Our site works best with the latest versions of these web browsers. Some BOTM features may not work on older or outdated browsers.
To update, click your preferred browser below and follow the instructions.
Get a free book when you use code SPRINGFLING.Join today!
I am really particular about memoirs. There are styles I love and there are styles I just can't stand. I thought I could give this one a try and couldn't finish it. Religion is a theme that provokes a sensitive spot for me to but I am willing to go there from time to time with the right kind of writer. She seemed to have the right kinds of instincts for me in the way she tried to portray her family. What made me out the book down was a sense of boredom. I read another critique that her style is too meandering and that was my real problem with the book.
I had a similar experience with this book. I felt like it was fun and engaging enough that I did not throw it aside. However I felt like it fell into some stereotypical tropes without it being held together by the characters as well as it could have. And the ending was just hasty and sloppy.
I think that there is a lot of pressure for women to want to be mothers. Liz articulates a list accusations she receives for not wanting to be a mom, Jane uses fertility treatments before she meets Chip and Lydia alludes to needing to explore fertility options after her marriage to Ham. Each of these sisters are exploring the expectations of society's pressure for women to have kids in their own way. I think each of these examples allude to how in embracing a diversity of lifestyles the technology, possibilities and overall tolerance towards many different kinds of families may in fact provide more pressure for a woman to have children.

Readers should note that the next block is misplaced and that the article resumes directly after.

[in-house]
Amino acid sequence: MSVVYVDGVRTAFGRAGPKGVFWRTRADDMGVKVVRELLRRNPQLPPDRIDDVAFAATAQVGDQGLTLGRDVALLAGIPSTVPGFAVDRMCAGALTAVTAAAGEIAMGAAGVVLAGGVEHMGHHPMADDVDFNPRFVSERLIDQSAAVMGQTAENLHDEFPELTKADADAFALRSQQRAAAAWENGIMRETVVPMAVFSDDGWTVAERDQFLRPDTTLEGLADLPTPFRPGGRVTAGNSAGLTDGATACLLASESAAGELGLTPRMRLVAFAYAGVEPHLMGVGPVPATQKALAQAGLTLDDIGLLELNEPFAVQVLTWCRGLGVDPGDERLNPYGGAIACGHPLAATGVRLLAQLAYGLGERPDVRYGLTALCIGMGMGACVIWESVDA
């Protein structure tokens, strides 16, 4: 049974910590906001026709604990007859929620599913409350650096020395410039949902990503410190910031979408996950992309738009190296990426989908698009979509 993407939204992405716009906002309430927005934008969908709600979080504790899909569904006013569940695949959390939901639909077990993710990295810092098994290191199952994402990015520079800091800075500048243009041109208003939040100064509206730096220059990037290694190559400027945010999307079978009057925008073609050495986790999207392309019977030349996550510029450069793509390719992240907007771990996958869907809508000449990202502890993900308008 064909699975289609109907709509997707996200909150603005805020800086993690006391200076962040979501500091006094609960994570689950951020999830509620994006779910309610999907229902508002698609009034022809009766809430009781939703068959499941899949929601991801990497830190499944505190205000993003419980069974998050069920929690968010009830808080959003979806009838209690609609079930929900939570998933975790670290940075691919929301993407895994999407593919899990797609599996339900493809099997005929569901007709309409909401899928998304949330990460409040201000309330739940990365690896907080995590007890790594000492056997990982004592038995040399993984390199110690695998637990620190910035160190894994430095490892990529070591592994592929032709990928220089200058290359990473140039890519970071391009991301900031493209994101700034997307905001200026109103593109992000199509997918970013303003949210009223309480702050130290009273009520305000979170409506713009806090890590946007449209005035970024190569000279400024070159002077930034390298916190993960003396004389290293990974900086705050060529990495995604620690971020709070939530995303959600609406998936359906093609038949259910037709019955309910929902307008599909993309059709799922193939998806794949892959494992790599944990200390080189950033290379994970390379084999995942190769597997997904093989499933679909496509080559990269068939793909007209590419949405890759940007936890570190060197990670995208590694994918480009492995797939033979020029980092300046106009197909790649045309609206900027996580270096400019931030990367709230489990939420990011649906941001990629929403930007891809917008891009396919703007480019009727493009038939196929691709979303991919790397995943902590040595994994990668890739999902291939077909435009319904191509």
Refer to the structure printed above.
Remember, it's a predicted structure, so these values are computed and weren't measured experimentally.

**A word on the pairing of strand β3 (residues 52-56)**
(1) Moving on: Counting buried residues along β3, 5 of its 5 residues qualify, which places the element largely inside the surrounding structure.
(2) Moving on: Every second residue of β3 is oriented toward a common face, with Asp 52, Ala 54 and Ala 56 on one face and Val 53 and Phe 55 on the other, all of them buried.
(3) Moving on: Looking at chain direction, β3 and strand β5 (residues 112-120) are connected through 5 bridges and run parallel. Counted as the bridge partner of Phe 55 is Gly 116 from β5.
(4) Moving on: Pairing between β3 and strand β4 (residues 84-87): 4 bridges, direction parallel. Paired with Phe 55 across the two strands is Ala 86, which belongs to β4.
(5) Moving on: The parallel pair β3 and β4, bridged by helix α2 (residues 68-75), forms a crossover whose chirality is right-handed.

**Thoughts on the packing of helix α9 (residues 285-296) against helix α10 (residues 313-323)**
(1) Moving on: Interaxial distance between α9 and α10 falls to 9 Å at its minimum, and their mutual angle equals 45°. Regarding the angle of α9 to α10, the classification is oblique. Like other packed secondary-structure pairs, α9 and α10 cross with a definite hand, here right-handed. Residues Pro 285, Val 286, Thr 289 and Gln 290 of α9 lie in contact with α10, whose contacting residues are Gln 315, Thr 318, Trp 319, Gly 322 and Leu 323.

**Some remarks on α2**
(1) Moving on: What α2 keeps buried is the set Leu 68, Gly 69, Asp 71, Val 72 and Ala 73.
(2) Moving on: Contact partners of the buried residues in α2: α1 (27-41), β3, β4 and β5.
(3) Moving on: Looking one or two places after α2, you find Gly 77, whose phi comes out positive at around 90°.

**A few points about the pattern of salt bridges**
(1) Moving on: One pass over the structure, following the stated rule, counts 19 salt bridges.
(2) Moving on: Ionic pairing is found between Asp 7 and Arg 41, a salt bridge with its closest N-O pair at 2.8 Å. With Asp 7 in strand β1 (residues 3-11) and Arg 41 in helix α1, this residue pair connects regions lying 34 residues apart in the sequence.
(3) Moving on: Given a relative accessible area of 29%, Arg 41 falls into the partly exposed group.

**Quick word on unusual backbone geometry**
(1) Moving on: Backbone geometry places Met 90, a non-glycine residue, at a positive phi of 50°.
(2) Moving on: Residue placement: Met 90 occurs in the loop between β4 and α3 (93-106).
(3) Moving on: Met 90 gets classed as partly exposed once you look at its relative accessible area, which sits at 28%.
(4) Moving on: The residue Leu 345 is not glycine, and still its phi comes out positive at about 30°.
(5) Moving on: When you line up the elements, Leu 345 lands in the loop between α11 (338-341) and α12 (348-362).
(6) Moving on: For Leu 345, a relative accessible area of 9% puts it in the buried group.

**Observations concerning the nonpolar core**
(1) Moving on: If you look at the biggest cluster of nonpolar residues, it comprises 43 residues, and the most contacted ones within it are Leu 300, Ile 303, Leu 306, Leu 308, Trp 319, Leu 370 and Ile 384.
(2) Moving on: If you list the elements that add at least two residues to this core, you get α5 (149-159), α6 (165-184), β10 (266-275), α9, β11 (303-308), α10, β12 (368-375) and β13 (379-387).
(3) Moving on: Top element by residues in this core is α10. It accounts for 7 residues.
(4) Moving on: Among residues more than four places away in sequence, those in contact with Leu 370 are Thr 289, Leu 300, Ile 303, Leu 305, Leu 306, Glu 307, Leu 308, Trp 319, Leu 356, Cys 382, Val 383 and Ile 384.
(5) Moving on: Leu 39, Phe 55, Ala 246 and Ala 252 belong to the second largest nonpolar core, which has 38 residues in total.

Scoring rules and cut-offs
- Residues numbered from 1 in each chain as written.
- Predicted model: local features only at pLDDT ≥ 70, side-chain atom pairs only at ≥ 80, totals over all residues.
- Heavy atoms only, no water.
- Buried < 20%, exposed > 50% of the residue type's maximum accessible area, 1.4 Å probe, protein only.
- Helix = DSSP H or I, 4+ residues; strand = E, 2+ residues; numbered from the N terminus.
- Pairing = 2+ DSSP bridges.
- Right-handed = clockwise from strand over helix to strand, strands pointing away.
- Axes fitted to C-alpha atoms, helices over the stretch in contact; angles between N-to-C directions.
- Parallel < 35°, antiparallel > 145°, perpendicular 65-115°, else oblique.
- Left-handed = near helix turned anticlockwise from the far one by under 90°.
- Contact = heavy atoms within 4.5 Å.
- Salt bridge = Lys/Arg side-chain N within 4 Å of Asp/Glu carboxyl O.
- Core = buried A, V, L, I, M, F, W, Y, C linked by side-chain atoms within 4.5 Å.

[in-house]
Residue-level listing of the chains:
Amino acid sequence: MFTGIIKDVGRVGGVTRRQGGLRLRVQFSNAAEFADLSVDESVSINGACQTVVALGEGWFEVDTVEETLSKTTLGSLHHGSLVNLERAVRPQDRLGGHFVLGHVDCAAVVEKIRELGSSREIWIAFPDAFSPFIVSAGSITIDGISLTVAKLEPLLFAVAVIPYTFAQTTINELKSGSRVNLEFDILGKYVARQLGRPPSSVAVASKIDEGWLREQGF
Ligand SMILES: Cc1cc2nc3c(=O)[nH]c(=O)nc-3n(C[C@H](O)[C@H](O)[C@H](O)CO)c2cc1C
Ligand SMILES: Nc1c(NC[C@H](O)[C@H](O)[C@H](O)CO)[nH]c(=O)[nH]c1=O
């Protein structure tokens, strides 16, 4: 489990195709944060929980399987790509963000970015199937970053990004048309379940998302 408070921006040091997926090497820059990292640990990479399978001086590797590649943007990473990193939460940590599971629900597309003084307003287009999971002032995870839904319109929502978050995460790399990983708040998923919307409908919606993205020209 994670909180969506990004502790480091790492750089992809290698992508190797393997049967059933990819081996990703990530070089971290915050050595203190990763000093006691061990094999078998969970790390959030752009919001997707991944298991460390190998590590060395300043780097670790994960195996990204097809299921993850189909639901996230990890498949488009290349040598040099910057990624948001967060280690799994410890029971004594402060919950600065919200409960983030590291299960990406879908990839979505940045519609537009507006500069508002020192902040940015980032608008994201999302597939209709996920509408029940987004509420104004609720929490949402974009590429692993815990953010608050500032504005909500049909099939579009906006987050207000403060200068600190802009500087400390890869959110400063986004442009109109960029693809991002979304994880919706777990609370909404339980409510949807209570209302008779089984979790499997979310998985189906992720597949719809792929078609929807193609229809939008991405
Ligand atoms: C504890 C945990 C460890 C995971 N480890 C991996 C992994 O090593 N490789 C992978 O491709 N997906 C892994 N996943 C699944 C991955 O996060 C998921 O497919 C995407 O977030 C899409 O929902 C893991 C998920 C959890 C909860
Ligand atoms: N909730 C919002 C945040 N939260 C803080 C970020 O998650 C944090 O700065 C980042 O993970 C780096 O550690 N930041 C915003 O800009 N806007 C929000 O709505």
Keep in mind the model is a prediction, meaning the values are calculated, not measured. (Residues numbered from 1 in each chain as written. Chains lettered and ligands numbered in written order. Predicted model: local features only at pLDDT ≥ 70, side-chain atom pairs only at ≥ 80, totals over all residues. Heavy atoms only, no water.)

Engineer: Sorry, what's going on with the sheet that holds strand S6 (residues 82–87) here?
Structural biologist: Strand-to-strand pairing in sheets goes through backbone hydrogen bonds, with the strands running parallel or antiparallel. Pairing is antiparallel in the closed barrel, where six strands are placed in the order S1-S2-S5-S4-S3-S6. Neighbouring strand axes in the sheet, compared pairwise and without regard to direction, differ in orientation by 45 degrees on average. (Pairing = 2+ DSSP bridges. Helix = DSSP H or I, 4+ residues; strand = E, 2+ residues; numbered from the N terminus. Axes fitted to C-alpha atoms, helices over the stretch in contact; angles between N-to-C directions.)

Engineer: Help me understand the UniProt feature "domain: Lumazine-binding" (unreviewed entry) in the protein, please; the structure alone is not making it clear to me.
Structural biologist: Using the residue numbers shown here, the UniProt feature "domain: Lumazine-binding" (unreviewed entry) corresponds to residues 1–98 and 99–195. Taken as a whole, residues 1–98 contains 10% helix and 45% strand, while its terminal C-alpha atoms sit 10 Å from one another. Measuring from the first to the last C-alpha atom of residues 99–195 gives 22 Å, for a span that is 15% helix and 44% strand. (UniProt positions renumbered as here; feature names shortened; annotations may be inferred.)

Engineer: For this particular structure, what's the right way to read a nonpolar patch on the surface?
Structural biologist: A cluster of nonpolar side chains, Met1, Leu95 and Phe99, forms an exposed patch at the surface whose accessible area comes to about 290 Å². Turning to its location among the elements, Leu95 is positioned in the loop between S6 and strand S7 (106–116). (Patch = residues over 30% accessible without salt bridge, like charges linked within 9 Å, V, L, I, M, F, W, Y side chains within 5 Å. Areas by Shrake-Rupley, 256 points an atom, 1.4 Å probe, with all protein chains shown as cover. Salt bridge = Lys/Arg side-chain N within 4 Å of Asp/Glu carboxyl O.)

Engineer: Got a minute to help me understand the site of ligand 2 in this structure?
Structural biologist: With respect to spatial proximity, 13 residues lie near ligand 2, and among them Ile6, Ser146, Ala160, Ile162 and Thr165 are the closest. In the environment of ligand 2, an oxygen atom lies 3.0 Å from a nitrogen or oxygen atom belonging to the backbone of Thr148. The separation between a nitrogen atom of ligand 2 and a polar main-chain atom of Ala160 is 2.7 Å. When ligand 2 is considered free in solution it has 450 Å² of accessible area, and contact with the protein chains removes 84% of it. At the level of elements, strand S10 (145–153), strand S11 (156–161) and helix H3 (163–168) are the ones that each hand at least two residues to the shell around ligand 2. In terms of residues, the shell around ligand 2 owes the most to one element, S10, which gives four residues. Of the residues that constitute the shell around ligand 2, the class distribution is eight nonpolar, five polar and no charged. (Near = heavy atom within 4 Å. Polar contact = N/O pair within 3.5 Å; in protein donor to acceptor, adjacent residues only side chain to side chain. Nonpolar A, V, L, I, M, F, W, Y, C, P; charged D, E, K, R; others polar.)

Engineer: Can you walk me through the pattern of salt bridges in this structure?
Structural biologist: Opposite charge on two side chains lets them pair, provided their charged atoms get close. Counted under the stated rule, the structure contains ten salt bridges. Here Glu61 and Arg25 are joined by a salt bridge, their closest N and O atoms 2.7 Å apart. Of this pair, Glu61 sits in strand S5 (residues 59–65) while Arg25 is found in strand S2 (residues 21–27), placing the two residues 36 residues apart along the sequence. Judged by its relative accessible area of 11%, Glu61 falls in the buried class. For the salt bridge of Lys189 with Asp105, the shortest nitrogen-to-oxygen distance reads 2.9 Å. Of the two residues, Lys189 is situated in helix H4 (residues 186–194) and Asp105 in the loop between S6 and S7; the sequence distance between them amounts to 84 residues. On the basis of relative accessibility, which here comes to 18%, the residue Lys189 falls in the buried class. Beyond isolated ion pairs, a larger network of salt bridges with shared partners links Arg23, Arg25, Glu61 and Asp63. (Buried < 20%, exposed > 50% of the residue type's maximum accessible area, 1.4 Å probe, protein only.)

I found Ian to have a troubling character. One of the complexities of domestic abuse is that there is something likable or redemptive about that character to the victim. And I had recently read Stephen Kings The Shining where part of what makes Jacks character despicable is that he desires to be a good father and husband but listens to what the ghosts encourage him to do. After Stephen Kings excellent portrayal of abuse I found Ian to be too shallow. Literature and film should produce stories about domestic abuse but too often the stories fall into having the abuser be a very shallow evil man and unfortunately this story fell into that trap.
I want to believe that I wouldn't and fiscally keep my feet firmly on the ground. However what the novel highlights well is that it is human nature to allow yourself an indulgence of some kind if you think that there is a large payout coming. The journey that the characters took in the story highlights the downfalls of this kind of dependence.
I think dependence on something that might happen financially is irresponsible money management. I currently have a job with a livable hourly wage and if i make certain goals I get a monthly commission check on top of it. I have constructed a budget for myself that is not dependent on my commission money so that if for some reason i do not make that goal I am not shooting myself in the foot financially. There is something to living my life in a way that does not already have that kind of dependence an extra check.
However in my adult journey back into reading and writing fiction I am encountering the constant reminder that the compelling stories are based off of humanity's imperfections. If the characters in this novel were embodying fiscal responsibility towards the Nest then this would have been a dull, lifeless novel.\
I would agree that the ending was inconsistent with the rest of the tone of the novel. I think that the story could have been more satisfying without Chase and Aubrey being married to each other in the end. Don't get me wrong---I love a compelling romantic tale, but I think the overall tone of the novel was delightfully dark and I think that the novel could have been stronger without that chapter.
I think that both points ring true. I think that sibling relationships can evolve past what they were in childhood. They can grow over the years into something more mature. However I think sometimes in tense situations it is easier to revert back to they way you behaved as children.